I wish I was making this up

Martin Creed

Another piece of data is in that shows money does not correlate with intelligence.

“Artist” Martin Creed (pictured above) created a “work” called 850, which he will exhibit at the well-known Tate Britain art gallery starting today.

The “work” consists of having joggers, once every thirty seconds, trot through the museum.

Yes, you read that right. Joggers, wearing shorts and looking like they came from the park, will run lightly through a hall or two in the name of “art.”

Guardian writer Adrian Searle claims that the wonderful thing about this “art” is “that it is gloriously pointless.” It’s not surprising the paper should feel that way, since much of its reporting falls into this category. Searle argues that people should not try to decide whether 850 is “art” but “whether the work captures the imagination, whether it gives pleasure and makes people think.”

So, on this theory, I could put a certain piece of Mr Searle’s anatomy in a vice and start to twist, an act which is certainly imaginative and would give me some pleasure. It would also cause Searle to do some serious thinking. But would he call it art?

People should not feel anger or despair over the sort of idiocy like 850, now common in the “art” world. They should instead view it as a chance to raise their income bracket. Since rich people—those people that run galleries and buy and sell “art”—are now utterly incapable of judging quality, and are dead scared of admitting their ignorance, the door is wide open for any “artist” to sell them anything. The only key seems to be that the “work” has to be completely asinine, childish, devoid of any value, and, of course, politically correct.

It also cannot be cheap. The more exhorbitantly priced your excrescense, the better chance it has to sell. For you must understand that the sole purpose of this “art” is to allow its owner to boast that he owns it. Or, in the case of the Tate, to claim that it is unique.


  1. A long time ago, there was an art exhibit at the Art Institute of Chicago. The set up a sort of escalator that conveyed a large glass to the top of the building. Then, they dropped it off.

    They did this every hour for several days or weeks. So, you could go watch glass break.

    Admittedly, there was something sort of cool about watching a huge pane of glass tumble and break in real life. But there were quite a few who disagreed about the artistic merit.

    Needless to say, after all the glass was broken, whatever art there might have once been was done.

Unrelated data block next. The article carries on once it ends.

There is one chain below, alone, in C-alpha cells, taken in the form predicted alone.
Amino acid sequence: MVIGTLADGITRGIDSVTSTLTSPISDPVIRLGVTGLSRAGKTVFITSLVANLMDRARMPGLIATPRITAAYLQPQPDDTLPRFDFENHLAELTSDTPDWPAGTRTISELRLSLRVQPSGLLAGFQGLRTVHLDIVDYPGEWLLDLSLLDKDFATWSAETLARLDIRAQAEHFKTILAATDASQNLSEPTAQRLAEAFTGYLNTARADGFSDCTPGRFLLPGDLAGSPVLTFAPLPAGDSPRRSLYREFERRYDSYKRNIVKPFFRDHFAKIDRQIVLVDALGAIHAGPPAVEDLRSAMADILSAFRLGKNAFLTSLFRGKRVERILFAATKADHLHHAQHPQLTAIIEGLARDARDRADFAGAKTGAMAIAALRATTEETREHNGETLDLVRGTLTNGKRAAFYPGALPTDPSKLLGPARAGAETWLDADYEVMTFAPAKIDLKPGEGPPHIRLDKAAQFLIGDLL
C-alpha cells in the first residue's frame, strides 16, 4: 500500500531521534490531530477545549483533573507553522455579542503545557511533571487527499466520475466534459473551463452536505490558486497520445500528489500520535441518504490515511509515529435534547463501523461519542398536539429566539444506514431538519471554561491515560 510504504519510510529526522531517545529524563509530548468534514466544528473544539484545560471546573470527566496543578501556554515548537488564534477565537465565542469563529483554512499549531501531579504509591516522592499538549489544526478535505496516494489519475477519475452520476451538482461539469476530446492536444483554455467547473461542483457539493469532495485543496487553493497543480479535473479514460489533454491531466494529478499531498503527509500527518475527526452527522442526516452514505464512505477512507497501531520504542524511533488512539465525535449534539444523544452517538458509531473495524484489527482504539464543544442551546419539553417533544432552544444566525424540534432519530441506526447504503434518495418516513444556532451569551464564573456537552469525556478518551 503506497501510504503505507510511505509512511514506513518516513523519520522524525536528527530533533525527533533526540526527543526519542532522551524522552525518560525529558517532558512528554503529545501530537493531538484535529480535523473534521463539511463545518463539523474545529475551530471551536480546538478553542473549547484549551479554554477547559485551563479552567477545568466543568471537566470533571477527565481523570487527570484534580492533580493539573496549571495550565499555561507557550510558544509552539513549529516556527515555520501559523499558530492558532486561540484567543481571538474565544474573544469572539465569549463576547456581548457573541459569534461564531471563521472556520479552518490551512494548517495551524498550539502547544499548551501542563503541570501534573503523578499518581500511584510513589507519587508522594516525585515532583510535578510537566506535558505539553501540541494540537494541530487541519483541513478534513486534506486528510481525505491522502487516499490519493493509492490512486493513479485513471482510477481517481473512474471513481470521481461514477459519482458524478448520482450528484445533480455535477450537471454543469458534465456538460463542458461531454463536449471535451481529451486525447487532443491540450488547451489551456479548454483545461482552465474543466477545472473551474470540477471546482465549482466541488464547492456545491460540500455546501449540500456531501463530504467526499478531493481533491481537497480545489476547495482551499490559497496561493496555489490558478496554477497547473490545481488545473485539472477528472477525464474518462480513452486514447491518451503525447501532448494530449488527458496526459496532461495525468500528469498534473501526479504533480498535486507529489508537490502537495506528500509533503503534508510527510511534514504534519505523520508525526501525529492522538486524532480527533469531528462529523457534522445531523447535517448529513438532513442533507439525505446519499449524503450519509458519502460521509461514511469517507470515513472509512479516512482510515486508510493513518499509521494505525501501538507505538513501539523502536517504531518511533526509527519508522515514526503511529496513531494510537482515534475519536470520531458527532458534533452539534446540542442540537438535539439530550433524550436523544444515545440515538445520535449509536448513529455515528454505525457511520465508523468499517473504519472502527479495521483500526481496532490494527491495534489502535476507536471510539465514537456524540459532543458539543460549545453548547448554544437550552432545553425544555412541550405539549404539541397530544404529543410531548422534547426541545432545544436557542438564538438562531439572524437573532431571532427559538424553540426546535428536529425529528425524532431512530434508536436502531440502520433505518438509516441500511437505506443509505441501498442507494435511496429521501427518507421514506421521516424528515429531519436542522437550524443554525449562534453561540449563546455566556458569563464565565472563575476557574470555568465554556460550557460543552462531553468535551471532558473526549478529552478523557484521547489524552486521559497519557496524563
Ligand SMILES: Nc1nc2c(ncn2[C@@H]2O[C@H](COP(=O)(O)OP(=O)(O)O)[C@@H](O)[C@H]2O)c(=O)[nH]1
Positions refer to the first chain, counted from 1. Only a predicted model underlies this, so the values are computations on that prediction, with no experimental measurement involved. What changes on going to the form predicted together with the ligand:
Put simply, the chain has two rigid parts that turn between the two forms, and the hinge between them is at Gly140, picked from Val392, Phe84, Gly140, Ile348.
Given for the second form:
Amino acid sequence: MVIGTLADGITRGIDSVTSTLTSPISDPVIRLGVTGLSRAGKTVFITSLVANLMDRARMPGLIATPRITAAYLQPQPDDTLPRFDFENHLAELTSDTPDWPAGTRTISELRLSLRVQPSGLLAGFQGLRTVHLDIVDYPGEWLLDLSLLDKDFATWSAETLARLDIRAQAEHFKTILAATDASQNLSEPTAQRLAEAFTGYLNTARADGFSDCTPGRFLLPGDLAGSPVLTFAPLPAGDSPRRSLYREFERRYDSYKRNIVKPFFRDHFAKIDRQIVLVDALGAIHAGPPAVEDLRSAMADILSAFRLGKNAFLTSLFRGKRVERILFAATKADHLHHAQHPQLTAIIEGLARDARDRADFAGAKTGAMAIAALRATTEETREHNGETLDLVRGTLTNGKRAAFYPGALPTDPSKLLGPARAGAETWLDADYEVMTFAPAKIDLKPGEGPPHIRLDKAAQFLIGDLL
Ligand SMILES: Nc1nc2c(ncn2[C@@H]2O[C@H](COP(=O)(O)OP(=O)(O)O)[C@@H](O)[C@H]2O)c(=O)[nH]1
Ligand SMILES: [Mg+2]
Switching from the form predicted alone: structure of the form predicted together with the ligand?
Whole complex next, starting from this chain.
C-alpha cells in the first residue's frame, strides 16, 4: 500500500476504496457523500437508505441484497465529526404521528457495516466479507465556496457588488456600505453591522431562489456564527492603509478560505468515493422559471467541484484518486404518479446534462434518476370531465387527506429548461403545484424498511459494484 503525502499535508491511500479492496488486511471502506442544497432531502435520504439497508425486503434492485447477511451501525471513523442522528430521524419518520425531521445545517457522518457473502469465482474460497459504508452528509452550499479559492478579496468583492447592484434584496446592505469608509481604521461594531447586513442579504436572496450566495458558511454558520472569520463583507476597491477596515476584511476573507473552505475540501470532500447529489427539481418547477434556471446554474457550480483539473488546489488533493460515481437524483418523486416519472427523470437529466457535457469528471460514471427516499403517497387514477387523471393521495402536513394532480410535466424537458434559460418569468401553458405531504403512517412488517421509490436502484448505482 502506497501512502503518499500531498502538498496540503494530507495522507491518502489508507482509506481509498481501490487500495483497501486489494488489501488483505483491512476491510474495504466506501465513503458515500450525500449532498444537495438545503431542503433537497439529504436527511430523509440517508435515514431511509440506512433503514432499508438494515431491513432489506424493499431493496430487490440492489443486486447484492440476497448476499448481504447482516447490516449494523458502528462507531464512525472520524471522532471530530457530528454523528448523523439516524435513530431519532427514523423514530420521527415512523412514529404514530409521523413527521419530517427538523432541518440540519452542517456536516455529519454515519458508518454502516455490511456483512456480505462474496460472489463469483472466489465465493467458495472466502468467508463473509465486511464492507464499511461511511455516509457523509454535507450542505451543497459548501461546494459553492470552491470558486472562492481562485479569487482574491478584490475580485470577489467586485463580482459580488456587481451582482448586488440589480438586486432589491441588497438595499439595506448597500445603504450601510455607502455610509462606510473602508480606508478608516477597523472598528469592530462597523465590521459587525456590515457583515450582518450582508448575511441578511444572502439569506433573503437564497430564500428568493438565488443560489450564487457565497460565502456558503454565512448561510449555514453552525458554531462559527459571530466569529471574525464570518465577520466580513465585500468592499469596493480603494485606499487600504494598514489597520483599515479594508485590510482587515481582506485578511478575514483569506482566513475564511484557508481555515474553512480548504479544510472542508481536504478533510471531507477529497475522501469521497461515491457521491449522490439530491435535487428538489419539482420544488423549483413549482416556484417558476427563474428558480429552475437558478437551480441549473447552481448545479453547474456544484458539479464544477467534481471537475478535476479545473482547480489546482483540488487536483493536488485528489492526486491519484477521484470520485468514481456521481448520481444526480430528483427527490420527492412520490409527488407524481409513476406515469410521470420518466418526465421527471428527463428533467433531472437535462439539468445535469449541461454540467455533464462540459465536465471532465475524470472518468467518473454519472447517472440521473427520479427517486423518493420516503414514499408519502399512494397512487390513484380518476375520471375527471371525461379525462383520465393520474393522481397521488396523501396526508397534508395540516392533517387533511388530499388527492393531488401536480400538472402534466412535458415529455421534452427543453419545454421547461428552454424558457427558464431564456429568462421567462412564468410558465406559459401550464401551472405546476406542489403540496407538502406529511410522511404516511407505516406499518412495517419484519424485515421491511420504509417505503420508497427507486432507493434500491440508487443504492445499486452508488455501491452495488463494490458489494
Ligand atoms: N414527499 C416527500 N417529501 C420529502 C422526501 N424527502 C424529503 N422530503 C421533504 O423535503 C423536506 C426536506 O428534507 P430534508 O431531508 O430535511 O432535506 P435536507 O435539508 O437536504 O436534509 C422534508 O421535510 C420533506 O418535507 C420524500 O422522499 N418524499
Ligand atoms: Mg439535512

2. James

    Unfortunately this is the UK we are talking about. In this case it is unlikely that the “artist” will be paid for by rich benefactors but will “earn” his living out of government cultural subsidies.

    Therefore it is likely that this junk is being paid for by the unfortunate UK tax payer.

    When I read about this sort of waste of taxpayer’s money I am pretty glad that I emigrated earlier this year!

  3. Luis Dias

    It’s interesting to note that when a (supposed) work of art taken as idiotic by a bunch of people who never read a piece of paper about art it is obviously a work “subsidied” by the government, and “what a shocking waste it is! The Horror! The horror!”

    The shocking part of this post is the indignant pose by the author, who perhaps willingfully ignores the fact that art is, by definition, useless. What? Not everything should be useful. We have sometimes to remind ourselves of precisely that, so “obssessedly” (?) focused we are. Now, I don’t really like to make useless stuff, and so I went to architecture instead of arts, but I do understand why such endeavour is, paradoxically, useful.

    One has only to learn a bit about art from the 20th century to understand how often it was mistaken as bullshit, while on the other hand it generated widespread revolutions in philosophy, education and creativity.

    Of course that along with precious jewels, some trash was actually created. That’s called creative destruction, or translated to a scientific understandable term by the wannabes, brainstorming.

    But I guess that having this conversation with people interested in statistics is like talking about football with women.

  4. Briggs

    Ok, Luis. I’ll bite. Tell how this useless piece of “art” can be justified, and why this particular piece of “art” should be paid for by the unsuspecting public, and why this particular piece of “art” is good.

  5. Luis Dias

    I’ll answer with questions, mr. briggs.

    Imagine you are in the year of 1917. In an arts association saloon, an urinal is presented as a work of art by an unknown “artist” name “R. Mutt”. By just seeing it, you just grow your hair white and scream for the idiocy of it. What was that urinal worth, mr Briggs?

    Imagine you are in the year of 1915 and you go see a painting galery. In there you are confronted with a completely white canvas with a single black square in the middle. Is it garbage, mr. Briggs?

    In 1964, some dope copied a superstar’s photo multiple times and painted it with unrealistic and diverse colors. How dumb is that, mr. Briggs?

    Post WW2, a complete moron dropped buckets of ink in giant canvas and dared to sell it. Is this retarded or what?


    Do you understand now, or shall I go on?

  6. Briggs


    Nope, no good. Let’s go back to this particular piece of “art” and no other. Again I ask: is it good? should the public pay for it? is it justified?

  7. Luis Dias